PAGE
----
Drago County: Three monks severely ill after six years of torture
Arrested after the 2012 Drago protests, three monks were subjected to forced labour and denied adequate food
Tibet Watch has learned that three senior monks from Drago Monastery are still severely ill after their release from prison four years ago. The three monks, Tsewang Namgyal, Tengya, and another monk whose identity is kept confidential for security reasons, served six-year prison sentences from 2012 until their release in January 2018.
The news of their failing health comes as their home county of Drago faces rising tensions due to a series of arbitrary detentions and demolitions. The county is also under close surveillance by Chinese authorities.
The monks are suffering from a range of serious conditions as a result of inadequate food, torture, and forced labour in prison including crippled legs, organ damage, insomnia, constant headaches, and loss of mobility.
2012 MILITARY CRACKDOWN
Tsewang Namgyal, Dalha, and Tengya were sentenced to six years in prison after mass protests erupted in Drago County on 23 January 2012. Local Tibetans took to the streets of Drago and reasserted their demands from the 2008 Tibetan Uprising. The protesters called for freedom and the return of the Dalai Lama to Tibet.
Following a crackdown against the protests, 36 people were charged between January and April 2012. The demonstrators, who were aged between 20 and 70, were found guilty of various political crimes and handed sentences of between one year and life imprisonment.
Eight of those charged in 2012 are still in prison. These include two monks from Drago Monastery named Tashi Dhargyal and Namgyal Lhundup, who are serving 14-year prison sentences, as well as four residents of Likhogma Township named Kundrub, Jewai, Kuntho, and Sonam Lhundup, serving prison terms of between 11 years and life. Two unidentified Tibetans are also serving 11 years for their participation in the 2012 protests.
FORCED LABOUR AND TORTURE
Most of the 36 prisoners were sent to Bamey Prison (Tib: བ་སྨད་བཙོན་ཁང་།) and Dhardo Prison (Tib: དར་མདོའི་བཙོན་ཁང་།), where they were forced to undergo what China calls “reform through labour” without sufficient food provisions. All of them were beaten in prison and ordered to do heavy manual labour. Families of Tsewang Namgyal, Dalha, and Tengya were allowed only one visit per year, or sometimes once every two years.
When they were released, the families learned that none of the food or money left for them during the families’ rare visits was given to the prisoners – they had instead been shared amongst the prison officials.
Tsewang Namgyal was the former principal of Gaden Monastic School which was forcibly demolished in November 2021. He was released with crippled legs and forced to sign a letter that enlisted a series of orders depriving him of his freedom of movement and communication. The letter forbids him from keeping a mobile phone, staying in his monastery or attending public meetings. It further stated that he must register and seek permission from the police for every trip outside his hometown, including hospital visits. “Moreover, he was asked to keep everything secret”, a source told Tibet Watch.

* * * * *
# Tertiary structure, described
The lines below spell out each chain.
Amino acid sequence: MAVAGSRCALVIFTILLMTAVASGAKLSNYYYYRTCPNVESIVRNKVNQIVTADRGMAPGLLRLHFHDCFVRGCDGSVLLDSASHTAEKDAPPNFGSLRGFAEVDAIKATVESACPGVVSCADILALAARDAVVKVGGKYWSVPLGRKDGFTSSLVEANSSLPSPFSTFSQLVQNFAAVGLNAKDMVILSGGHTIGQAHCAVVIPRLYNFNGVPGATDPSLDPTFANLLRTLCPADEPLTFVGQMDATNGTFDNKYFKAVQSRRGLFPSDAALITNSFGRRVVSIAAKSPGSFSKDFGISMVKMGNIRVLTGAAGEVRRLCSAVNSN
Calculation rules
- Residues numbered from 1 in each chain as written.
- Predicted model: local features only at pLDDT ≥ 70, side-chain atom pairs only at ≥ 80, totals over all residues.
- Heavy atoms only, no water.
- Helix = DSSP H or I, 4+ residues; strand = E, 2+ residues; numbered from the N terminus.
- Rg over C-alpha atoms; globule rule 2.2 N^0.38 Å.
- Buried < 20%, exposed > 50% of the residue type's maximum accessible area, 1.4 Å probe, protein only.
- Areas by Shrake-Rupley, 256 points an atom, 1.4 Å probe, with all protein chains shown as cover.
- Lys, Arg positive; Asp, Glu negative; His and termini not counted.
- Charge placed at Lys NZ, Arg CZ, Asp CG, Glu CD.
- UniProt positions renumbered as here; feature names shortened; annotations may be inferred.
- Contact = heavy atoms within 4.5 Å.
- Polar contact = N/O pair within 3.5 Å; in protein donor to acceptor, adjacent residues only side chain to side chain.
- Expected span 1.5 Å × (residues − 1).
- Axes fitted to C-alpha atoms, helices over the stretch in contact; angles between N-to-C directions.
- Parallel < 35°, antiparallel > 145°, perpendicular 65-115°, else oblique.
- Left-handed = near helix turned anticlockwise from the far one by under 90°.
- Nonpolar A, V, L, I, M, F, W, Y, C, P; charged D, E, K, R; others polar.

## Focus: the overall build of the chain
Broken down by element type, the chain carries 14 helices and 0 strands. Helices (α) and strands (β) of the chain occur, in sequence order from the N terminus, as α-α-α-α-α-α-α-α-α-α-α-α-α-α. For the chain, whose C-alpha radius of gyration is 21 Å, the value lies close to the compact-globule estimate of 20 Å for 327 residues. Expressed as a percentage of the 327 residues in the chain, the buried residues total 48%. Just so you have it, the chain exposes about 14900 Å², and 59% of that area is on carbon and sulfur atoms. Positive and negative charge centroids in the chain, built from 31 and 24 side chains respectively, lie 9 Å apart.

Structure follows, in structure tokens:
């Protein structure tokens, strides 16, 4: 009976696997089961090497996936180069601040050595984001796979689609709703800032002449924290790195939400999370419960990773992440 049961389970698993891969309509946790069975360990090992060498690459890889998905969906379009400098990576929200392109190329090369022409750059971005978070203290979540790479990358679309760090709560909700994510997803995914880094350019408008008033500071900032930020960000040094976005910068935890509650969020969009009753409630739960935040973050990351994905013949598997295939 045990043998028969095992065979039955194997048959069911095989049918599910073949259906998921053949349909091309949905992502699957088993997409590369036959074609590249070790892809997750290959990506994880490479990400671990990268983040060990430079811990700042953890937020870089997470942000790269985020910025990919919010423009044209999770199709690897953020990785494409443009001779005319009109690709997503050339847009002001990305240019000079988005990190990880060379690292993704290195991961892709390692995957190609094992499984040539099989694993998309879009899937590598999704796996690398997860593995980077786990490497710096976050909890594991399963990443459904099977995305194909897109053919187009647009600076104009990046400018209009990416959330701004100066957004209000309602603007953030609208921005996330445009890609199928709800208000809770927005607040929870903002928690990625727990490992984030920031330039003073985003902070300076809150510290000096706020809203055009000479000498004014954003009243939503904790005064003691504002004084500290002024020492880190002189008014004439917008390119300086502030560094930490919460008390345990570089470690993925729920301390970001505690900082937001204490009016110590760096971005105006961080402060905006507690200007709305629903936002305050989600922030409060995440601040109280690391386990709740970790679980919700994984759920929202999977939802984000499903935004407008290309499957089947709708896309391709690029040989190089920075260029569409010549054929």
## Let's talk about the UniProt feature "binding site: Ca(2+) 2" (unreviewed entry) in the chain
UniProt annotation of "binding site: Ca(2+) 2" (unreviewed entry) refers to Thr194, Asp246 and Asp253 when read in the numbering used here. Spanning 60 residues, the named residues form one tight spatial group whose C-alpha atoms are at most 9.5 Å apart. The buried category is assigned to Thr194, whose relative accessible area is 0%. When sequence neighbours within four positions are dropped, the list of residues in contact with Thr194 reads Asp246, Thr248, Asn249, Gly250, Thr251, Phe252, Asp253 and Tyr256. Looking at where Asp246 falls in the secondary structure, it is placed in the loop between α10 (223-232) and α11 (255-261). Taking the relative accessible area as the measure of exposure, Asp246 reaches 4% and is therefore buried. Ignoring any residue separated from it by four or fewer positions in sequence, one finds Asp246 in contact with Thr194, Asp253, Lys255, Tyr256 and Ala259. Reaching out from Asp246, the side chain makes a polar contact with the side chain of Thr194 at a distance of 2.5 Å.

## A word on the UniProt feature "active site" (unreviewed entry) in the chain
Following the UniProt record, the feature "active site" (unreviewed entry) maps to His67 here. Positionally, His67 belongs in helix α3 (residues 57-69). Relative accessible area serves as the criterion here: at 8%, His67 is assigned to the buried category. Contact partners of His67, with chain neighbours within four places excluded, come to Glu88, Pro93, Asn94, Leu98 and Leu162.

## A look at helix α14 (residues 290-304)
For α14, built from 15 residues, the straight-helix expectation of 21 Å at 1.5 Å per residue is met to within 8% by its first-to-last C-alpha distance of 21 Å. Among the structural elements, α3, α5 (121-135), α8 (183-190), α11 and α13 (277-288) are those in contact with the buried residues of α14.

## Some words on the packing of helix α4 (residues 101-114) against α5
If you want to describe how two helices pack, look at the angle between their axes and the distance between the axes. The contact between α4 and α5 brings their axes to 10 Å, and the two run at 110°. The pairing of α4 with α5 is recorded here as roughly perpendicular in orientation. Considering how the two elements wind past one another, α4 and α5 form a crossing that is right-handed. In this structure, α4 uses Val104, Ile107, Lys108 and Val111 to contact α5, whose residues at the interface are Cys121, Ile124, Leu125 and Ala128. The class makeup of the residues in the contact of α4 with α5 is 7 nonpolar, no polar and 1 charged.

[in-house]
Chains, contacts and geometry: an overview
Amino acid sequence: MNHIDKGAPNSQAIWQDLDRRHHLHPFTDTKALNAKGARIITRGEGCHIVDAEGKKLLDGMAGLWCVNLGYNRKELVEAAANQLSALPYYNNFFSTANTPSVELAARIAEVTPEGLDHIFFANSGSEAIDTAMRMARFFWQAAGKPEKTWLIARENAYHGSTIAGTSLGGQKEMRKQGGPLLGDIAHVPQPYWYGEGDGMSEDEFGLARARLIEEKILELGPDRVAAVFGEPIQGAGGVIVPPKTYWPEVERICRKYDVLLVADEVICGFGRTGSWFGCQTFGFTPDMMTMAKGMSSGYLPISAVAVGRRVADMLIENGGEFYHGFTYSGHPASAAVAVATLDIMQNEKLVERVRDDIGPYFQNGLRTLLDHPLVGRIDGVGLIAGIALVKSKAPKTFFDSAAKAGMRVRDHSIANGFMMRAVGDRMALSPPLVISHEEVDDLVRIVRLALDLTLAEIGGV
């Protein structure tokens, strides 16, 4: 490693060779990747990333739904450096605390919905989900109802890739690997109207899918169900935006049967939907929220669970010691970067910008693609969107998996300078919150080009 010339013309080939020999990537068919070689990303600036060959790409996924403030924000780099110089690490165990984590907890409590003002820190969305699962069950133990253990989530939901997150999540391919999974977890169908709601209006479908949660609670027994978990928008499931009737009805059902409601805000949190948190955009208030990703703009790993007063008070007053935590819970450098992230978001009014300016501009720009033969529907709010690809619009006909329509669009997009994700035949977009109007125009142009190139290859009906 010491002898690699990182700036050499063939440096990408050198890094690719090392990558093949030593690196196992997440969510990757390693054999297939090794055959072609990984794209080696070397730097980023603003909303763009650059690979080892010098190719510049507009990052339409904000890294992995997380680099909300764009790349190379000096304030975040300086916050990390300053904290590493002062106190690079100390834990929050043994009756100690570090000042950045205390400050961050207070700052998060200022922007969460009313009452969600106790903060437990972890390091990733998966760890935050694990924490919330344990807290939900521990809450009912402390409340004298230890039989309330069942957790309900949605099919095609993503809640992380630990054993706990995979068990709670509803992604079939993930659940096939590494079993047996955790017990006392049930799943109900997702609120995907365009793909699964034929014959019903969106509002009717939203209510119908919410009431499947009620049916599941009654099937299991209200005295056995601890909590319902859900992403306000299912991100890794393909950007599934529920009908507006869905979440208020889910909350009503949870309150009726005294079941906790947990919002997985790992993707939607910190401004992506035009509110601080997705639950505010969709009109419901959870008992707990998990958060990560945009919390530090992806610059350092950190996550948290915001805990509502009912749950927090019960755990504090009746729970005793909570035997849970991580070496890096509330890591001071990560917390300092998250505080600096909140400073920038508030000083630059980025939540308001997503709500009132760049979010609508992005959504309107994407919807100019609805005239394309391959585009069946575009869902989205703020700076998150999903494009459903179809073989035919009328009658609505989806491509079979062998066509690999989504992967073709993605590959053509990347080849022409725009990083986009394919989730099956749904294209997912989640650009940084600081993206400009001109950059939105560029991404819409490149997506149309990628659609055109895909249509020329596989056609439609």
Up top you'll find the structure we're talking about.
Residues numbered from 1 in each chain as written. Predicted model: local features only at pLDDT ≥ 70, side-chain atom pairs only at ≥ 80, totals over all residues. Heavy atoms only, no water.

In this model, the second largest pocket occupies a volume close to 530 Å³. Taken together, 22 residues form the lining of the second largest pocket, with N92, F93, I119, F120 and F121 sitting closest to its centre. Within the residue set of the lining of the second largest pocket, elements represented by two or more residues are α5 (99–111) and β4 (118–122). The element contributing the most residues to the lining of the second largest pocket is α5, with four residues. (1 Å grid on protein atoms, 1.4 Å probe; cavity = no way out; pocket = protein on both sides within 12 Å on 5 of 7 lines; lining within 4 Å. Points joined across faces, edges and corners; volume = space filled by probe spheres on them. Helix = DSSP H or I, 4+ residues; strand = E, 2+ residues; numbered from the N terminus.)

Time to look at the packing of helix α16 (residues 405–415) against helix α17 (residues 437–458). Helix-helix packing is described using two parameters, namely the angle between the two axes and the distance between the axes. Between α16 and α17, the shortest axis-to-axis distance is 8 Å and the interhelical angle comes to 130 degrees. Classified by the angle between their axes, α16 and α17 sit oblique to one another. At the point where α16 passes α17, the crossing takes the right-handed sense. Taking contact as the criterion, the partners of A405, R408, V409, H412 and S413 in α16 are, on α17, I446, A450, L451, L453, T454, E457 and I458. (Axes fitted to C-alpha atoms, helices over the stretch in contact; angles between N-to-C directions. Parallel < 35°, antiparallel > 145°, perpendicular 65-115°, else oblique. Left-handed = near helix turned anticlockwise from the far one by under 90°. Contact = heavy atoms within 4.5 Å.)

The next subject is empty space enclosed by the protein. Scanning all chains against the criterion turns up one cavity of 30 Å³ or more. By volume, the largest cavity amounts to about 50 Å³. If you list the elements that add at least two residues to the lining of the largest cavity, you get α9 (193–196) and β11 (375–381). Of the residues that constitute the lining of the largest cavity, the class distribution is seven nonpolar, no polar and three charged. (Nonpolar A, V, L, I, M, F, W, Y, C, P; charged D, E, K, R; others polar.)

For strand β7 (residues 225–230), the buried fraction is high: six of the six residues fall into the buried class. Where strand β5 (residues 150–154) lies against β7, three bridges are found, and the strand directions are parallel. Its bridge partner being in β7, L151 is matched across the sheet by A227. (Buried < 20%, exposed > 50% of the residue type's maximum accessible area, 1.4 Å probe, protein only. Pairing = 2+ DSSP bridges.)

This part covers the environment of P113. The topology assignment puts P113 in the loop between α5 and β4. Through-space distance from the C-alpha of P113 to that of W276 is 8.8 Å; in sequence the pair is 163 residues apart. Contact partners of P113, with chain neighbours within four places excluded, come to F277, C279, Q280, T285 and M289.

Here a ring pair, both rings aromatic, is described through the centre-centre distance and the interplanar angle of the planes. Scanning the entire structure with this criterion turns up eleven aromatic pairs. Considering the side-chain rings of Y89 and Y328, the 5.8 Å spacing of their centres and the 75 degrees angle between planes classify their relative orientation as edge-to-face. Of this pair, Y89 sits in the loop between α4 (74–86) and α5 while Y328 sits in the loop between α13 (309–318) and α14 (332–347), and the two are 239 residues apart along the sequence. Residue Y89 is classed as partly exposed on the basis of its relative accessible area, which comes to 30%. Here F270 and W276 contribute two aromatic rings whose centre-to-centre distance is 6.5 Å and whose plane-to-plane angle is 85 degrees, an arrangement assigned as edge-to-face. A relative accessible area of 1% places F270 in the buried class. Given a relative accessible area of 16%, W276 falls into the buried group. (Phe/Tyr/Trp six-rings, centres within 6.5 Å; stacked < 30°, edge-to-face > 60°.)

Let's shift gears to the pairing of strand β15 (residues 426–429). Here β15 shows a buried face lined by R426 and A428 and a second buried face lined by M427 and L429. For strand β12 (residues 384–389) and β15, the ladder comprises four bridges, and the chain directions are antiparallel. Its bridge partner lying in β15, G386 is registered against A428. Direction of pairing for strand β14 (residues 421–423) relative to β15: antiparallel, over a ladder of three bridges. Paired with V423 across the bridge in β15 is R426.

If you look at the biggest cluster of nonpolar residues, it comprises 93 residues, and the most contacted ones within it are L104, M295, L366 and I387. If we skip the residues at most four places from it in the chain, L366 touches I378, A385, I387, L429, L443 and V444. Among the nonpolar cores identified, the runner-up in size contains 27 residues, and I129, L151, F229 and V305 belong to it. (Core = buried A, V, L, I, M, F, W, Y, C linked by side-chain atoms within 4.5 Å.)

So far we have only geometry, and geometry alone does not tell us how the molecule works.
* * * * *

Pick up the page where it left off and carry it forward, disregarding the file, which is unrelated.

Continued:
Another senior monk of Drago Monastery whose identity is kept confidential for security reasons was beaten with such an extreme force that he was rendered blind and had to undergo organ transplantation.
Tengya, the abbott of Drago Monastery, was so severely beaten that he lost his ability to hear and move his body. He also suffered from insomnia due to head injuries sustained in prison. Despite medical treatment after his release, Tengya’s health did not improve.
Police brutality in Drago County continues to worsen since the local demonstrations of 2008 and 2012. During these mass protests, Chinese police and armed forces fired upon unarmed Tibetans, injuring 45. The oldest casualty was a 70-year-old woman named Sanglha, and the youngest was a 14-year-old child. Following the 2012 military crackdown, Chinese officials have set up a “Monastic Management Committee” in Drago Monastery consisting of Chinese Communist Party members whose job it is to monitor the movement of the Tibetan monks. Few monks have been included in this committee. A police station was also constructed just beside Gaden Monastic School in response to the demonstrations.
A monk from Drago told Tibet Watch: “As with other areas in Tibet, the main reason for increasing Chinese repression in Kham Drago [the recent crackdown] are firstly to commit genocide of the Tibetan identity and Tibetan culture. Secondly, to eliminate those influential Tibetans who are conscious of freedom and rights of Tibetan people and thirdly, to abolish Tibetan language and education centres.”
Information supplied by Tibet Watch
In the wake of arrests, demolitions, and repression in Tibet, the Chinese Communist Party (CCP) have accelerated surveillance across the region, installing thousands of new CCTV cameras.
Here in the UK, one Chinese manufacturer of CCTV cameras, Hikvision, is implicated in the CCP’s human rights abuse. Controlled by the CCP, the company’s cameras are used in Tibet and East Turkestan to ensure that no moment is private.
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